Film and TV


As the lights came up after a screening of the new Neil LaBute movie Your Friends and Neighbors, a colleague next to me growled disapprovingly, "That was a nasty movie." For LaBute --whose debut film, In the Company of Men, is probably the worst date movie ever made--this comment would no doubt come as the highest praise. He's the kind of writer-director who doesn't think he's giving us a good time unless he's making us squirm. He has a horror filmmaker's mindset--except LaBute doesn't resort to bloodletting; he does it all with words. He wants to make our skin crawl by demonstrating how morally depraved people can be.

But the funny thing about this prince of darkness is that he's really a softy. Beneath all his men-and-women-behaving-badly scenarios beats the bleeding heart of an innocent who can't bear the bad news. He's aghast at the ugliness of the species, which, given how much ugliness is out there in plain view, makes him a bit of a Johnny-come-lately. Despite all his hoo-ha, there's something ho-hum about LaBute's amazement at what people are capable of doing to each other. I mean, what else is new? In Your Friends and Neighbors, he's having a high old time giving himself the creeps. For the rest of us, it's all kind of, well, nasty.

LaBute is fond of saying that the people in his movies are representative only of themselves--that no larger sociological implication should be extracted. But this is clearly a coy ploy. In the Company of Men was about two corporate players who set out to woo a deaf-mute employee in order to unceremoniously dump her as vengeance against all women. In Your Friends and Neighbors, LaBute is once again scourging upscale urbanites. There's something unseemly about the way he goes after this crowd: He may be throwing rabbit punches, but behind them is an Old Testament wrath. And the wrath is way out of proportion to the target.

Jerry (Ben Stiller), for example, is a nerdy college drama professor who is miserably cohabiting with Terri (Catherine Keener), a shrew who makes her living writing ad copy for such items as tampon cartons. We are introduced to this couple in the throes of passion--his passion, at any rate. Terri can't stand his play-by-play vocalizing and, in mid-hump, tells him so. (She's right; he does talk too much.) Terri just wants to get down. Maybe she doesn't even want that. "It's not a time for sharing," she says.

Then there's our other fun couple, Mary (Amy Brenneman), a journalist, and Barry (Aaron Eckhart), who works in some unspecified white-collar managerial job. As with Jerry and Terri, we first see them in bed. (LaBute is big on these plot parallelisms, as if to demonstrate that human behavior is as quantifiable as a theorem.) Barry is depicted as a big lug in the bedroom; Mary, wordless and unsatisfied, is a big mope. He ends up making love with his favorite partner--his hand.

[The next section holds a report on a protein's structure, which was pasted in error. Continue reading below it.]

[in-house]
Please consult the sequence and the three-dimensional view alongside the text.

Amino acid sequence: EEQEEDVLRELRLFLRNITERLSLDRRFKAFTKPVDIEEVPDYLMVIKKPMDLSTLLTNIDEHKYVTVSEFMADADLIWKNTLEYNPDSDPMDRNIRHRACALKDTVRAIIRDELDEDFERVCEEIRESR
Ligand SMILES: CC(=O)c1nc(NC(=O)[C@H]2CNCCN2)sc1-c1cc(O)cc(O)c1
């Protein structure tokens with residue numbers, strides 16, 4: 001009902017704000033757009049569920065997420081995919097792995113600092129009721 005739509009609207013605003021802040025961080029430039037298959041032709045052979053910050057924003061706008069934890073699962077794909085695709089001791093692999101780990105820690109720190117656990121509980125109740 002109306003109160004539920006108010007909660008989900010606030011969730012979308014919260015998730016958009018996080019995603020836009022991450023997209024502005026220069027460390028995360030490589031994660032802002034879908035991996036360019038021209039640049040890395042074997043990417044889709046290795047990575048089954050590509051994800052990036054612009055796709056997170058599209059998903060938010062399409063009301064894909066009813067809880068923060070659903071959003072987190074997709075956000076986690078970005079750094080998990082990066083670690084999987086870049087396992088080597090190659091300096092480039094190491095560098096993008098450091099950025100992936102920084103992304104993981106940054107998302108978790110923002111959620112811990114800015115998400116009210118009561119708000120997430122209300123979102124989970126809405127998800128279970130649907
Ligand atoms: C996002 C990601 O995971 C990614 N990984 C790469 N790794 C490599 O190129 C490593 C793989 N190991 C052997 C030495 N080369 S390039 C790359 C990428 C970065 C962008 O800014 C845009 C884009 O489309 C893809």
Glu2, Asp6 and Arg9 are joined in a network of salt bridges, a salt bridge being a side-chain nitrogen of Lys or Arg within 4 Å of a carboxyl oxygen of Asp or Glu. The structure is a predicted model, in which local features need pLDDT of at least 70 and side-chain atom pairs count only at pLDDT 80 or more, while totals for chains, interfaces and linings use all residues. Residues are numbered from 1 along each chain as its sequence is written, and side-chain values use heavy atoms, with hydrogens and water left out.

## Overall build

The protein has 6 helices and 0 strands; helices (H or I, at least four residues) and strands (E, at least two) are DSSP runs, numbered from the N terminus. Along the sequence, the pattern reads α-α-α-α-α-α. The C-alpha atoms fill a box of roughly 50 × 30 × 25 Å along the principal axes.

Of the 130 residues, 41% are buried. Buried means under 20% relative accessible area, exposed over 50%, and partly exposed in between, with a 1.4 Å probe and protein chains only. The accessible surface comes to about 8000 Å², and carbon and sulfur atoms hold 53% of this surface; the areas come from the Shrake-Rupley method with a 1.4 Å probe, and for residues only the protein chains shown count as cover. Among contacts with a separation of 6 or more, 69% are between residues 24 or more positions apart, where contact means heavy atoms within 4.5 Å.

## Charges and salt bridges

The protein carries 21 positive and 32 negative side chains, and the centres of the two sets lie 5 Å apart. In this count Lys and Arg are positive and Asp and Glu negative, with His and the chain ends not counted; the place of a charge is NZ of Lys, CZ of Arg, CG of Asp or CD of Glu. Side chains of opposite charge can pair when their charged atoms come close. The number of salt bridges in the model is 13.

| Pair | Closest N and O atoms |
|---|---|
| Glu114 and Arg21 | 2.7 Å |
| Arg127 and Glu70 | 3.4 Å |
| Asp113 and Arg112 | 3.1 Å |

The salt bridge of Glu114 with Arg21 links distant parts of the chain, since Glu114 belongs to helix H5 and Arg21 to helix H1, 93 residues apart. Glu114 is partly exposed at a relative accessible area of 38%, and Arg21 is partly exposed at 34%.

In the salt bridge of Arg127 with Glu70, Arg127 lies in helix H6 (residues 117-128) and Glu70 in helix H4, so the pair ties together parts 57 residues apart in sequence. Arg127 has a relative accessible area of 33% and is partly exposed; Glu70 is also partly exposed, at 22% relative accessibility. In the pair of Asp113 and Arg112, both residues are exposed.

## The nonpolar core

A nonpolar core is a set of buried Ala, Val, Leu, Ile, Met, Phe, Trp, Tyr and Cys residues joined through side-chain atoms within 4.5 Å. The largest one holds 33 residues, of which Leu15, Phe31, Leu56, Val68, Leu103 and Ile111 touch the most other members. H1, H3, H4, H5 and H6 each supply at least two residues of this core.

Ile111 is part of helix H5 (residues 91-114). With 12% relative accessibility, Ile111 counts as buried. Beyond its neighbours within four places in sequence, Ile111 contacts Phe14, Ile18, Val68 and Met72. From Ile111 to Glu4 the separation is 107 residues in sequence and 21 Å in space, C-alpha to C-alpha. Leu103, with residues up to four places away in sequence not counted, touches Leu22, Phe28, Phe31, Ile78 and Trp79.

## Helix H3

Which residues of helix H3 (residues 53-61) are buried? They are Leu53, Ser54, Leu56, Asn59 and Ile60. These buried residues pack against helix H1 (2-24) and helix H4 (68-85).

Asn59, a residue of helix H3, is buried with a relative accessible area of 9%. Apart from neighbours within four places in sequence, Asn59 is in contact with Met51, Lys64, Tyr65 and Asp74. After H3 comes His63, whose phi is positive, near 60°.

We meet Cary (Jason Patric), a bachelor and also--God help us--an obstetrician, as he tape-records his own sex talk while doing situps in his sleek apartment. He's rehearsing his Lothario spiel for his bedmates, but the real object of his lust is clearly himself. He's as autoerotic as Barry: a stud whinnying in his own stable.

LaBute intersects the lives of these people in a flat, diagrammatic style that is part Carnal Knowledge, part David Mamet, part Geometry 101. Barry and Cary are buddies--at least in the LaBute manner, which means they're comfortable enough around each other to share dirty confidences. Jerry is friends with them, too, but he doesn't trust Cary, and he initiates a tryst with Mary. Needless to say, the tryst fizzles--Jerry pouts and apologizes, and Mary goes into her mope. But Terri gets wind of the goings-on and, furiously jealous, initiates with considerably more success her own affair, with Cheri (Nastassja Kinski), an art gallery assistant.

Mary, Barry, Terri, Cheri, Cary, Jerry. LaBute wants to lump all these rhyming names together in order to mow them down. Actually, these names appear only on the credits. In the movie, no one is addressed by name, for that "anonymous," archetypal effect. Unidentified, these people could be anybody, even you. The city in which the movie takes place is also unidentified, no doubt for the same reasons. In general, LaBute does his best to strip his characters and their environment of any specifying traits. No one has any kids, parents or family that we can see; no other friends or neighbors intrude. Their jobs are, at best, sketched in. In any given scene, LaBute never allows more than three or four players to be seen or heard, and he films the monologues and dialogues very close in, for that clinical, depersonalized effect. But it's no great feat to depersonalize people if you eliminate most of what makes them human. LaBute stacks the deck: He wants to demonstrate how maggoty everybody is, and he does so by showing us only characters with sex on the brain.

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Peter Rainer